While interest in the topic of food traceability has intensified due to a certain pandemic, tracking down the origin of food has been a puzzle scientists were trying to solve long before any of us heard of COVID-19.
Whether it’s food blockchain or edible food sensors, there’s been no shortage of ideas over the last few years for better food provenance. And now, thanks to a team of Harvard researchers, we have a new approach: using sprayable inert bacteria or yeast spores that could act like DNA “barcodes” to help identify us the source of food.
Here’s how the team described their discovery:
We created a synthetic, scalable microbial spore system that identifies object provenance in under 1 hour at meter-scale resolution and near single-spore sensitivity and can be safely introduced into and recovered from the environment.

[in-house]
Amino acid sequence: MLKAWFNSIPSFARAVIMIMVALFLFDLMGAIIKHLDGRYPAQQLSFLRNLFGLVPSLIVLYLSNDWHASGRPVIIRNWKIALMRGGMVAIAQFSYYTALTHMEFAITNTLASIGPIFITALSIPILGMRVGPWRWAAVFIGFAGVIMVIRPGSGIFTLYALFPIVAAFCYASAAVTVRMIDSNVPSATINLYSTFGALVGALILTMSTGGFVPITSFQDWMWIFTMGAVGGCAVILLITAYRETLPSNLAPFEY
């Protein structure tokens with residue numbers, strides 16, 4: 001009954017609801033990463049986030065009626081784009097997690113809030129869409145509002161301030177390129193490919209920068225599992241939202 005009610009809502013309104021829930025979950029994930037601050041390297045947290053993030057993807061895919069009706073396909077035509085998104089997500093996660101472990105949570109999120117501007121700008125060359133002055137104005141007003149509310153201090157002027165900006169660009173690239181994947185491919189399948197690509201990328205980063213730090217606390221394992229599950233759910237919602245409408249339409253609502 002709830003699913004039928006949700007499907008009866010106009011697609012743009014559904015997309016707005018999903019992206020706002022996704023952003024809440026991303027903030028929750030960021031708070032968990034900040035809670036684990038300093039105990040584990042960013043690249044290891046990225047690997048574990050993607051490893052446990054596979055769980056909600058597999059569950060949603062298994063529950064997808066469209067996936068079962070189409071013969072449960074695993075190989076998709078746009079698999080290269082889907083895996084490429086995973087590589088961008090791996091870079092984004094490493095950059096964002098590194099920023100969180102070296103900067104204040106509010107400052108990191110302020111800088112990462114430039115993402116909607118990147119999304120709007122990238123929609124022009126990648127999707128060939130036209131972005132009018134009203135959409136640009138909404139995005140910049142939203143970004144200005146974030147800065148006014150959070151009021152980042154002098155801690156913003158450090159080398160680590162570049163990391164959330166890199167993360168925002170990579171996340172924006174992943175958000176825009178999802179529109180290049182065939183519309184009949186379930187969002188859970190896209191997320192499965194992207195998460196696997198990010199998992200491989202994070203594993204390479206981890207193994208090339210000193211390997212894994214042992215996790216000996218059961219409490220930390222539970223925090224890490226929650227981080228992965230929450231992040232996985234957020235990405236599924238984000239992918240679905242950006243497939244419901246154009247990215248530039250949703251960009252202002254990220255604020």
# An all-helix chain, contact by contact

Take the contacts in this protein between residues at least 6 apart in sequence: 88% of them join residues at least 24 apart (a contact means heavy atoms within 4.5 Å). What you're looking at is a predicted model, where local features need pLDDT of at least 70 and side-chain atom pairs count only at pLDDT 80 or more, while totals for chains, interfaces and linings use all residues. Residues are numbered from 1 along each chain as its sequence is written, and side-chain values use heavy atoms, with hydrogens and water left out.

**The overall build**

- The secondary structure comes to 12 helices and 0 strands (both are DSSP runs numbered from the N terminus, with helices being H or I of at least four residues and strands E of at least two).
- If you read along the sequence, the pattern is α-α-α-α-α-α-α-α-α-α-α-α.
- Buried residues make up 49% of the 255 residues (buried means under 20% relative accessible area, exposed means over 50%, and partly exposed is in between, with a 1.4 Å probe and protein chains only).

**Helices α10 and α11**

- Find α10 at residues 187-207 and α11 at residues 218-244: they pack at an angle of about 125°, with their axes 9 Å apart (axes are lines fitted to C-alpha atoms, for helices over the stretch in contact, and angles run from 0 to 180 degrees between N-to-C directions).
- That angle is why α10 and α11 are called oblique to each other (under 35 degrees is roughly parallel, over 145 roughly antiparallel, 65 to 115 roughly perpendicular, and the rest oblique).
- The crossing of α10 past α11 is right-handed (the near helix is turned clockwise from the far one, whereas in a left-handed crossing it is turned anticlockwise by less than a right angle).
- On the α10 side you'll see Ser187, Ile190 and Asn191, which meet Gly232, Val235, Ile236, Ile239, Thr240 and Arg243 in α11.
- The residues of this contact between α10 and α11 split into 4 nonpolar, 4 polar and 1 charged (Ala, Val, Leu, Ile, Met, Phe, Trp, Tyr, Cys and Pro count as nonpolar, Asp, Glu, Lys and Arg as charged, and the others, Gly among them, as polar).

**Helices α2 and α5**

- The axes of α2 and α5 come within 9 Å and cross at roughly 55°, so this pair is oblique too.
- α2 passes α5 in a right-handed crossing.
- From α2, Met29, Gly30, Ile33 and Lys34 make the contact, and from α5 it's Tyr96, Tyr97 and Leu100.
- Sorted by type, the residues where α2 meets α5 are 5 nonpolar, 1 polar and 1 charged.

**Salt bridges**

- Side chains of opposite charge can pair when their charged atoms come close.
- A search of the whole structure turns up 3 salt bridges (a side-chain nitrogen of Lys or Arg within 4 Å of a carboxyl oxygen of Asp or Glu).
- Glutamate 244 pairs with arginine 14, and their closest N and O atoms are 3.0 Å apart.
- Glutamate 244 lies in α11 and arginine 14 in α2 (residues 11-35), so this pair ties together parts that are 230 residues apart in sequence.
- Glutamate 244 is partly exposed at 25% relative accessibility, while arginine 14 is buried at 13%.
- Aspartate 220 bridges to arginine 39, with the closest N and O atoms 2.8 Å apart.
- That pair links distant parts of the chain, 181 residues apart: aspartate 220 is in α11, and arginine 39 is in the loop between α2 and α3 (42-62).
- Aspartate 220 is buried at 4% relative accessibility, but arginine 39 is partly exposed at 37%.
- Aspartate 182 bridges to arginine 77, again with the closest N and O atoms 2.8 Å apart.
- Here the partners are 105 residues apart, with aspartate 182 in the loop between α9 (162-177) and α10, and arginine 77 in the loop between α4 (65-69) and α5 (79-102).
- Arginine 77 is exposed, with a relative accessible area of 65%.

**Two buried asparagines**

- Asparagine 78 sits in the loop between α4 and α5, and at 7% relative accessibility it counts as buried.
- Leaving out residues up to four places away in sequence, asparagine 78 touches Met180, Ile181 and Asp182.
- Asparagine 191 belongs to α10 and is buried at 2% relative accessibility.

What’s interesting to me is how durable the spores are, detectable all the way to the consumer plate as they withstand the cooking process.
To test out their idea, the researchers tested the microbes across various surfaces and put them through the paces of washing, frying and more.
The team then sprayed the spores on various surfaces including sand, soil, carpet and wood. They were able to detect them three months later even on surfaces that were swept or vacuumed, or subjected to simulated wind or rain.
Next the spores were sprayed on plants growing in pots. A week later, the team were able to identify which pot a leaf came from. To their surprise, the spores remained detectable even after washing, boiling, frying and microwaving. So if unique spores were sprayed on crops at different farms before harvesting, authorities could rapidly find out where any specific produce came from.
While the idea of putting inert spores on food holds significant potential as a way to help during outbreaks of food-borne disease, unlike other approaches like blockchain, this approach would not give us visibility into the myriad stops a food travels on its way to the consumer plate beyond its original source of origin. That said, it’s a promising new approach as we move towards a post-COVID world where food source tracking is fast becoming a requirement.